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Tech interviews should be like a terrorist interrogatory

Pollirrata Oct 10

During my entire career I’ve been in a lot of tech screenings (both sides of the desk), and one common pattern I’ve noticed is that, in many of the cases, the interview is just a standard questionnaire about the technologies required or desired for the position. What is the point with that? The best that you can get with that is filter candidates that were too lazy to get prepared for the interview.

This is not 1990 anymore, when sharing information globally represented a challenge for most of people. Many of the questions in these type of interviews are already posted in some website, go check yourself: just search in Google (or your preferred search engine) “interview questions [fill in here with the desired technology or language]” and you will get plenty of results (unless your desired technology is some esoteric programming language like LOLCODE).

Following scripted interviews does not help the interviewer nor the candidate at all. On one occasion, when I was being screened for a developer position the interviewer said  “Well, lets proceed with the database questions”. Since it had been a long time that I had worked with databases directly I said: “Well, it’s been a long time since I worked with databases so I think I’m not in good shape for that”. His answer was “It doesn’t matter I need to ask all the questions anyway“.  What is the point of this? Why do you want to follow a predefined standard script?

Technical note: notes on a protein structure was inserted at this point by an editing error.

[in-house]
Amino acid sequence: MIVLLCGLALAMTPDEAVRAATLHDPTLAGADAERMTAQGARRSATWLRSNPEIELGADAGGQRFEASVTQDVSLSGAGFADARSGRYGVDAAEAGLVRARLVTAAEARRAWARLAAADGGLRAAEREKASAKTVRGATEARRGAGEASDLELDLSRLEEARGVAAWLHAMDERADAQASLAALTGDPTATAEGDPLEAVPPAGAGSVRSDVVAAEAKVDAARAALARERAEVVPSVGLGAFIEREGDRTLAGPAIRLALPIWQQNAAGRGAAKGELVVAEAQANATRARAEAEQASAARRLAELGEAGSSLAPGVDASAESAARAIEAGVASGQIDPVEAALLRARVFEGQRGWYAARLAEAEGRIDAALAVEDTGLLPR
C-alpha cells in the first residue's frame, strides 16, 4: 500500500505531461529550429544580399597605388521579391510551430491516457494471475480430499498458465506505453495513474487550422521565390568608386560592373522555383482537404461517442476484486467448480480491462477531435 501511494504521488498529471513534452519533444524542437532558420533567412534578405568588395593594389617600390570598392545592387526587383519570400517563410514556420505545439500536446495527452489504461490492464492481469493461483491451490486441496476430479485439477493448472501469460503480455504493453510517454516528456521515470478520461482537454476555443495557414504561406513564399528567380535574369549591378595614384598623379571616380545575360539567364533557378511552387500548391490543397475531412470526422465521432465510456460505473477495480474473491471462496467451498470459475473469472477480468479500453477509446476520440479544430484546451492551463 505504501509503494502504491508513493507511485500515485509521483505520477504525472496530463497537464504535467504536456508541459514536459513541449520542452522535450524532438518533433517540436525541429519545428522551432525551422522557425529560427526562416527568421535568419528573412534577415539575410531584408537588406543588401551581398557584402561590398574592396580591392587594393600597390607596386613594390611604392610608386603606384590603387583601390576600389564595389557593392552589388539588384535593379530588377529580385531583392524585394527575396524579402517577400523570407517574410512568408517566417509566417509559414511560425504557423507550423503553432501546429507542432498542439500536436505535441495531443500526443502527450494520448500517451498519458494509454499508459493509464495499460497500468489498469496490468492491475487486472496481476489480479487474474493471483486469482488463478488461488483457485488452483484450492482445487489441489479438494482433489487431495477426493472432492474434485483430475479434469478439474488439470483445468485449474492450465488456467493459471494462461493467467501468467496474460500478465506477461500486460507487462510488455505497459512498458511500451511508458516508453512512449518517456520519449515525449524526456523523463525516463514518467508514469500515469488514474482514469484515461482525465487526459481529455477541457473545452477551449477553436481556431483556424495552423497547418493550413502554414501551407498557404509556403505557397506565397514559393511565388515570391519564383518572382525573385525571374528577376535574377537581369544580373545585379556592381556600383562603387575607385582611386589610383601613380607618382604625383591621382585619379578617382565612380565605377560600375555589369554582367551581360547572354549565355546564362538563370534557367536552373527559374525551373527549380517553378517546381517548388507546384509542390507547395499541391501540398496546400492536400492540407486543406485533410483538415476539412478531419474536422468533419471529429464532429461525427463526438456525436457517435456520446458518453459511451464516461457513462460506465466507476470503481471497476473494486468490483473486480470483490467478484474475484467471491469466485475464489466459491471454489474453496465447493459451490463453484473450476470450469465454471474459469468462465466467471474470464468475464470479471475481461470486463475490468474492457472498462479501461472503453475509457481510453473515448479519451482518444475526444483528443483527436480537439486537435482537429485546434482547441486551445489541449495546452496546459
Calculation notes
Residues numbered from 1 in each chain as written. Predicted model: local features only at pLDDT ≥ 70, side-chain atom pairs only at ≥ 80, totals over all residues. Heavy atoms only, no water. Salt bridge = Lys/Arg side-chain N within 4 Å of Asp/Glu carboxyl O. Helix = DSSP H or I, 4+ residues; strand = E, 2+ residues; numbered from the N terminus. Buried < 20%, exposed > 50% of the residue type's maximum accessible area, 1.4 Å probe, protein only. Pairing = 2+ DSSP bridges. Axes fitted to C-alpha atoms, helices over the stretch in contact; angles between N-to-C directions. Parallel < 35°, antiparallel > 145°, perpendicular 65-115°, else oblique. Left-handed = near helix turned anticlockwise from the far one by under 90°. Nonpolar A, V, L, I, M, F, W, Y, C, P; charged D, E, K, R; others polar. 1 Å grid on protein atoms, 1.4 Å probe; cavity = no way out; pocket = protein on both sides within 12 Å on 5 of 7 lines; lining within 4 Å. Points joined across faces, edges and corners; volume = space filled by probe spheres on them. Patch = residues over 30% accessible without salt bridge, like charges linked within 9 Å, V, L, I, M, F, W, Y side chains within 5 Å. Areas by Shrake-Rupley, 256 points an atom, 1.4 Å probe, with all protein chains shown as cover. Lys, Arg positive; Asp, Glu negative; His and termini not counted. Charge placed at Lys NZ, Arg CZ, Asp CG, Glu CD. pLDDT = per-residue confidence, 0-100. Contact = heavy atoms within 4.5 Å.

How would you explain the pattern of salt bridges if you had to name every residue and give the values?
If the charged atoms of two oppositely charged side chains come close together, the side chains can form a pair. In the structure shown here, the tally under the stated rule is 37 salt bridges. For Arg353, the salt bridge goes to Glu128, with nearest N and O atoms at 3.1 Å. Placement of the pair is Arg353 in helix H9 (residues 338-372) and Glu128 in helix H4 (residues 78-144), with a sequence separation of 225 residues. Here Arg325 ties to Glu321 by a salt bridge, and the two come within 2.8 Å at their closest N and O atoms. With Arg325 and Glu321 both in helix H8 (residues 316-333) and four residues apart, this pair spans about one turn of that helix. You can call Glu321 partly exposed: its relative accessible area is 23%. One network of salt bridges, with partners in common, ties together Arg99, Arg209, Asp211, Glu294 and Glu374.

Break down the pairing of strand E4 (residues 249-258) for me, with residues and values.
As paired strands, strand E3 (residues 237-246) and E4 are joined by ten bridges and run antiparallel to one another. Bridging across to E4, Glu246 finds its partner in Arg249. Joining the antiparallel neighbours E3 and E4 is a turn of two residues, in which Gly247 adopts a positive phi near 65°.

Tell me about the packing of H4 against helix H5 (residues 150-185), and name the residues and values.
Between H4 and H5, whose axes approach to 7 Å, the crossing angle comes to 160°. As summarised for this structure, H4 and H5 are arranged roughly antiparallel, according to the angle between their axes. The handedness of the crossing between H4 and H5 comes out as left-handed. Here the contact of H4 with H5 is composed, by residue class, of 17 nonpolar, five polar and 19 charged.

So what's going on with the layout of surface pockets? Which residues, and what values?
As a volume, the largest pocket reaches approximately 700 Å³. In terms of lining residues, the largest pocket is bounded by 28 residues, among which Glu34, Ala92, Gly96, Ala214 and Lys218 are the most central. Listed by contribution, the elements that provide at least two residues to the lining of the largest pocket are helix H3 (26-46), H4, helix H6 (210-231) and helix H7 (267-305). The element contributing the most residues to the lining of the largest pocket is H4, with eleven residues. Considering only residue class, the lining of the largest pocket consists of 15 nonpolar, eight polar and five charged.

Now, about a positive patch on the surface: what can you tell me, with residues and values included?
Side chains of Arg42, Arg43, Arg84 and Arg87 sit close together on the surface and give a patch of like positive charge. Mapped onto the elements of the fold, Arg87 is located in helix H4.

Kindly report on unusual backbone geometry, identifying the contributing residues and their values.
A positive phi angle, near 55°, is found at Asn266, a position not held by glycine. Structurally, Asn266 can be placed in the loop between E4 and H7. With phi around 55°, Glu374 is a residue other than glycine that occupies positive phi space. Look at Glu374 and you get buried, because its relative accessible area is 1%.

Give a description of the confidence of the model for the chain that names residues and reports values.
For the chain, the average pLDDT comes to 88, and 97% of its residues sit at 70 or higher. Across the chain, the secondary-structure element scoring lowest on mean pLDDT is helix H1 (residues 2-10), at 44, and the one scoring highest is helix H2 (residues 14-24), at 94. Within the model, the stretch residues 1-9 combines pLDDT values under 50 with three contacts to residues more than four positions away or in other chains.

This makes me think that

a) The interviewer is not “tech enough” to be able to make his own questions
b) The interviewer is too lazy to go deeper
c) The interviewer does not care about the real impact of the process (it might be a routine task that he must do, either for ego or obligation)
d) The company does not care really care much about the proficiency level of the people is hiring, or it is ignorant about the impact of doing so
e) All of the above

So I really mean that tech interviews should be like a terrorist interrogatory, because what you really want is to get the truth about what the candidate is capable of doing. You need to push hard to determine what is the real background of a person, the challenges he has passed through, how have he sorted them, etc. How can you get this with a standard questionnaire? You need to start following the path the candidate is giving you with the answers, not just saying “Very well, next question”. He might have memorized some stuff just to make people think he is an expert, but you shouldn’t be fooled by flamboyant answers; they might hide more ignorance than the simple ones.

In order to be capable of performing this type of interviews, the person really needs to have a strong technical background, so he can be capable to move through the answers of the candidate and be able to determine if he is the right person for the position. Sadly this is not the case on many companies, where Senior positions are get by “years-after-college” instead of real “years-of-experience”, but I’ll let that topic for another post.

If you are a candidate and the interview you are going through is just a bunch of standard questions, follow the wise advice of Scott Hanselman: excuse yourself and run.




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